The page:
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Showing 7 posts in Condemnation.

This Post was authored by Lisa Maeyer, a MGKF summer associate. 

On June 8, 2020, the Commonwealth Court of Pennsylvania affirmed a trial court’s holding that flooding from sewage overflows not resulting from intentional activity on the part of a sanitary authority did not constitute a de facto taking of a landowner’s affected property. In the Matter of: Condemnation by the Franklin Twp. Sewage Auth., No. 1237 C.D. 2019, 2020 WL 3039070 (Pa. Cmwlth. June 8, 2020). In particular, the Court held that because the sewage overflows resulted from the age of the system and infiltration and inflows not caused by any actions of the Franklin Township Municipal Sanitary Authority (the “Authority”), the lower court properly sustained preliminary objections to Plaintiff William Ott’s petition seeking compensation for a de facto taking of his property. Read More »

They say stigmas are social constructs. In court, however, they must be based on relevant and objective evidence, so says the Court of Appeals for the Third Circuit in a precedential opinion involving the amount of compensation owed to private landowners for easements over their properties to allow the installation of an underground pipeline. In UGI Sunbury LLC v. A Permanent Easement for 2.4645 Acres, Nos. 18-3126, 18-3127 (Feb. 11, 2020), the appellant UGI Sunbury, LLC (UGI) sought vacatur of a decision from the District Court of the Middle District of Pennsylvania in a condemnation proceeding under the Natural Gas Act, which based the compensation awarded in part on a claim that the public perception of natural gas pipelines on or near real property will permanently reduce the value of the property due to the stigma that the property is “damaged goods.” While the Third Circuit did not opine on the validity of the theory in general, it did find that the expert testimony upon which the award was based utterly failed to meet the requirements of Federal Rule of Evidence 702 and Daubert v. Merrell Dow Pharmaceuticals, Inc., 509 U.S. 579 (1993), and thus should not have been admitted nor relied upon.  Read More »

On September 10, the Third Circuit held that while the National Gas Act (NGA) delegates the federal government’s power of eminent domain to private gas companies, it does not necessarily delegate the federal government’s exemption from state sovereign immunity. In re: PennEast Pipeline Company, LLC, No. 19-1191 (3d Cir. 2019). As a result, private entities acting under the NGA cannot condemn state-owned property absent action by an accountable federal official. Read More »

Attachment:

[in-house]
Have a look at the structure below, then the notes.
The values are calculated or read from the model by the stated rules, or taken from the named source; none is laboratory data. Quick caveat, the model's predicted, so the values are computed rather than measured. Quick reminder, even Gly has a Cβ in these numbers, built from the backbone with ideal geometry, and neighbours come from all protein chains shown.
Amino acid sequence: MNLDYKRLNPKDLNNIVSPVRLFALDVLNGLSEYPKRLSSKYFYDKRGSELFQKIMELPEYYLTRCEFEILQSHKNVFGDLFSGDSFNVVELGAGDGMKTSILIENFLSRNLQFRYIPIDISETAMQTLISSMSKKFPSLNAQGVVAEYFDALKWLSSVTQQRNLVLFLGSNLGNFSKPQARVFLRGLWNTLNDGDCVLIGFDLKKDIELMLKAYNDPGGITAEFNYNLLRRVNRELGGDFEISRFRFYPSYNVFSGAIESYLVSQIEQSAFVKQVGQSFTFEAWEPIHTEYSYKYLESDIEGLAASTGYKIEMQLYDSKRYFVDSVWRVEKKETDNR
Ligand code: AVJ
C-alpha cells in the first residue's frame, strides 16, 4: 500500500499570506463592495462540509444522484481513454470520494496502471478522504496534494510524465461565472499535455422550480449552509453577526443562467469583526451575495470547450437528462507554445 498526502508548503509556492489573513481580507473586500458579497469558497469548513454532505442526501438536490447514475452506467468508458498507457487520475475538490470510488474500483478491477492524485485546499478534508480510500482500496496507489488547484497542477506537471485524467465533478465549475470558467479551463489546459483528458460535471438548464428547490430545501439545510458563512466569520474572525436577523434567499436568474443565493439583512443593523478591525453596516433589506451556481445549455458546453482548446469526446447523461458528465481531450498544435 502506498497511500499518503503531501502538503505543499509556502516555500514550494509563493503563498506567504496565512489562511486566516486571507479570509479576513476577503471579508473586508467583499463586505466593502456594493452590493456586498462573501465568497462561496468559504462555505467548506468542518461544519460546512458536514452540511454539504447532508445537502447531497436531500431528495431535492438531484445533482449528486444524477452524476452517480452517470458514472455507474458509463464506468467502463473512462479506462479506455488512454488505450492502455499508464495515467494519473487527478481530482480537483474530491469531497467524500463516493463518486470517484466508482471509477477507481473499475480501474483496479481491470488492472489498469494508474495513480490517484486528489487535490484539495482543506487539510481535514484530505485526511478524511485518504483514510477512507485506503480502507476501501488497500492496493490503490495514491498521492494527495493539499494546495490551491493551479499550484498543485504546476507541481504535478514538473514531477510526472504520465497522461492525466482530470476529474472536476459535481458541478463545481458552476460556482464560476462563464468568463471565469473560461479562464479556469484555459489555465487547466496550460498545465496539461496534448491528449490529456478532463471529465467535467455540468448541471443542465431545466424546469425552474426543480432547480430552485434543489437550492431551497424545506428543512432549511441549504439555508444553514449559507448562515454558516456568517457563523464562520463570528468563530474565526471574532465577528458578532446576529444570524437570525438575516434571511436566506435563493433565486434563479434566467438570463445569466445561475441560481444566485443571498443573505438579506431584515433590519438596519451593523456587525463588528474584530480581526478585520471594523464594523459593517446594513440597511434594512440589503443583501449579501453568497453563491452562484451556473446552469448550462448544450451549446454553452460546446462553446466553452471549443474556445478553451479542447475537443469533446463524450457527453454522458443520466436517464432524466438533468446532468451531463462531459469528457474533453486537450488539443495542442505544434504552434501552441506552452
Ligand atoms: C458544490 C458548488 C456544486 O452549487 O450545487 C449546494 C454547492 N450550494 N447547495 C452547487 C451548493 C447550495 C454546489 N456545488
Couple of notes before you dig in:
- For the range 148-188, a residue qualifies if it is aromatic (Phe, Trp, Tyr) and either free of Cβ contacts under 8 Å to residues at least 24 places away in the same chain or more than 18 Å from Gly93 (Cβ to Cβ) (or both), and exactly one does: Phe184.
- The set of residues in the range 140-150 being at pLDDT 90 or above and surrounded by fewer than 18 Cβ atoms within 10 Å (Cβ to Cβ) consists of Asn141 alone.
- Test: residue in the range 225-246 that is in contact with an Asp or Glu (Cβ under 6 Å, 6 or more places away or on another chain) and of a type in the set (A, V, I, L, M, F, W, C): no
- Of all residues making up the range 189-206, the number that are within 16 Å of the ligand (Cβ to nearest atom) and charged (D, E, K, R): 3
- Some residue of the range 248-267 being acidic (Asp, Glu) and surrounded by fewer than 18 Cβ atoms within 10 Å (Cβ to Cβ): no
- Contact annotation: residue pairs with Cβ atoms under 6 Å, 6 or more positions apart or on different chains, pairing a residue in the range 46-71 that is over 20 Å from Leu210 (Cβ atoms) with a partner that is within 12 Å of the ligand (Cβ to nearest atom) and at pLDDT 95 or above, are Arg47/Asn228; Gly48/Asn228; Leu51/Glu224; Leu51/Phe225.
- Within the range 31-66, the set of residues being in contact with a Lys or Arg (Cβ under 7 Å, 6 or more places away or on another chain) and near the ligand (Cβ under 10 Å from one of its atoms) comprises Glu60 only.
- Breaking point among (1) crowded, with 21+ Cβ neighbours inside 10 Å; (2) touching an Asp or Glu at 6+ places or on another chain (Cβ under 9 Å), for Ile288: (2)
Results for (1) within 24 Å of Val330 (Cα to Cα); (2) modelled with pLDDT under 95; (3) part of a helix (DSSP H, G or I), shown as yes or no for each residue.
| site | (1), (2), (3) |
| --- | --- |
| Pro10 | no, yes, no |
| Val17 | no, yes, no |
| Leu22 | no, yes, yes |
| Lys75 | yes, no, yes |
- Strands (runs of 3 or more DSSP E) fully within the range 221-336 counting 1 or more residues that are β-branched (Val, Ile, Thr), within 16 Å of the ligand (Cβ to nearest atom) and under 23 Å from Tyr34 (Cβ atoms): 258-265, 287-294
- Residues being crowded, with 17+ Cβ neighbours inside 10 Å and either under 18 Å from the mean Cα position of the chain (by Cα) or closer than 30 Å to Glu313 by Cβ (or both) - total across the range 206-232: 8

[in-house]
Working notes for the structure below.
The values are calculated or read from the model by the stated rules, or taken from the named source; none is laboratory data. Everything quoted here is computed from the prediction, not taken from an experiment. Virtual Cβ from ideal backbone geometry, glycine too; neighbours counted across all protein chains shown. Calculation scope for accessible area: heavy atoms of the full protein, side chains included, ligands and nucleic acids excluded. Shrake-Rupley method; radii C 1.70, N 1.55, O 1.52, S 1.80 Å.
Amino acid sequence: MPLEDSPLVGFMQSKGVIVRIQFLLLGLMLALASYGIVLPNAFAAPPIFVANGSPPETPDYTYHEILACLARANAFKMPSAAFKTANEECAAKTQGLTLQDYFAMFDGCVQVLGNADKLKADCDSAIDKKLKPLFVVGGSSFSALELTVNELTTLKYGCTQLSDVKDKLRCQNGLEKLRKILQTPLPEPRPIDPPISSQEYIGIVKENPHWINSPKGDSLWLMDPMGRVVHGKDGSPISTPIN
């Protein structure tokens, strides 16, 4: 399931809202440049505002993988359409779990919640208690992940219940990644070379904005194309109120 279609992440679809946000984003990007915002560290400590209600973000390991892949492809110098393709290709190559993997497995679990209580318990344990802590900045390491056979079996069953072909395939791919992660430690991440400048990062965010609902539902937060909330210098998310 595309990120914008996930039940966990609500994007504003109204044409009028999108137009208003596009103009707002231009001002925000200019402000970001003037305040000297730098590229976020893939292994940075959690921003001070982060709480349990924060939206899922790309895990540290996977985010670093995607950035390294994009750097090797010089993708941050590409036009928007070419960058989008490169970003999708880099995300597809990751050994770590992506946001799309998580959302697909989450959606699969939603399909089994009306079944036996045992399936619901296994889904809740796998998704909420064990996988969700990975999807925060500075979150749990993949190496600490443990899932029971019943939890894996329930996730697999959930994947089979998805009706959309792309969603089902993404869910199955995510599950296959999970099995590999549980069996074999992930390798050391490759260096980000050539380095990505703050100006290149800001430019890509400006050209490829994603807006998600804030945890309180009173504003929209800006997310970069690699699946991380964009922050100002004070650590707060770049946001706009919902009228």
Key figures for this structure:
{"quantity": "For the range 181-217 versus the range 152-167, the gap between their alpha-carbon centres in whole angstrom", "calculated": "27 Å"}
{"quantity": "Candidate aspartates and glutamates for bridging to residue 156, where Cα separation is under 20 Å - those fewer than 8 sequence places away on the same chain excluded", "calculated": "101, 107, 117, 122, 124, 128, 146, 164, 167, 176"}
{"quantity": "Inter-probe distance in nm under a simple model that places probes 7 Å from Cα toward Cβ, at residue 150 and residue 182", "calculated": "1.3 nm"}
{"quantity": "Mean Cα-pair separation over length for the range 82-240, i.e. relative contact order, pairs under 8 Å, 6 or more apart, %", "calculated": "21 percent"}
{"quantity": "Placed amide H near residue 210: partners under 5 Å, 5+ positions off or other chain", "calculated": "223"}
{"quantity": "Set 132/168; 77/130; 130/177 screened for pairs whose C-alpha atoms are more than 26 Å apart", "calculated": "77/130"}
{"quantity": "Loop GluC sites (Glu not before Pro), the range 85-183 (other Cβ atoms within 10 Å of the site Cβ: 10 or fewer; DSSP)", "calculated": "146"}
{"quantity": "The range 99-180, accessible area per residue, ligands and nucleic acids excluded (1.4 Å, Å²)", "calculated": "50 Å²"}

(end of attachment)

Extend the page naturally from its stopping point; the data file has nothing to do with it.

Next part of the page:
Last month in a 2-1 split, the Third Circuit held that state, not federal, law determined how much a landowner was entitled to as just compensation in condemnation proceedings brought by private entities under the Natural Gas Act of 1938. Tennessee Gas Pipeline Co., LLC v. Permanent Easement for 7.053 Acres, No. 17-3700 (3d Cir. July 23, 2019). The precedential decision will force natural gas companies to account for differences in state law in negotiations with landowners over what constitutes “just compensation” for a taking.   Read More »

On September 4, 2018, the U.S. Court of Appeals for the Third Circuit determined that the Third Circuit, and not the Pennsylvania Environmental Hearing Board (“EHB”), has jurisdiction to review Water Quality Certifications issued by the Pennsylvania Department of Environmental Protection (“DEP”) for interstate natural gas projects governed by the Natural Gas Act. See Del. Riverkeeper Network, et al. v. Dep’t of Envtl. Prot., No. 16-221, 2018 WL 4201626 (3d Cir. Sept. 4, 2018). The Third Circuit also held that DEP does not violate Article I, Section 27 of the Pennsylvania Constitution (“Environmental Rights Amendment” or “ERA”) by issuing a Water Quality Certification that is conditioned on obtaining substantive permits. Read More »

Landowners who find themselves in the path of an oil or gas pipeline quickly learn that their rights are limited, and that a pipeline company granted a Federal Energy Regulatory Commission (FERC) Certificate of Public Convenience and Necessity hold most of the cards.  Thus, the recent decision in Alliance Pipeline, L.P. v. 4,360 Acres of Land, No. 13-1003 (8th Cir. Mar. 24, 2014), which in a mere 10 pages washed aside the landowners challenges Alliance Pipeline’s condemnation action, comes as no surprise.    Read More »

In July, 2001, the New Jersey Superior Court decided the case of White Oak Funding, Inc. v. Winning, 341 N.J. Super. 294 (App.Div.), cert. denied. 170 N.J. 209 (2001), holding that an owner of contaminated property purchased before September 14, 1993, was not liable for historic contamination that the owner did not contribute to.  Only a week later, amendments to New Jersey’s Industrial Site Recovery Act (“ISRA”) became effective.  Among other things, those amendments provided that owners who acquired property prior to September 14, 1993 would not be liable for clean-up costs if “at the time of acquisition, [the purchaser undertook] all appropriate inquiry on the previous ownership and uses of the property based upon generally accepted good and customary standards.”  N.J.S.A. 58:10-23.11g(d)(5).  So, did this amendment abrogate the holding in White Oak?   A decade later, on October 29, 2012, the New Jersey Superior Court has said that it did. Read More »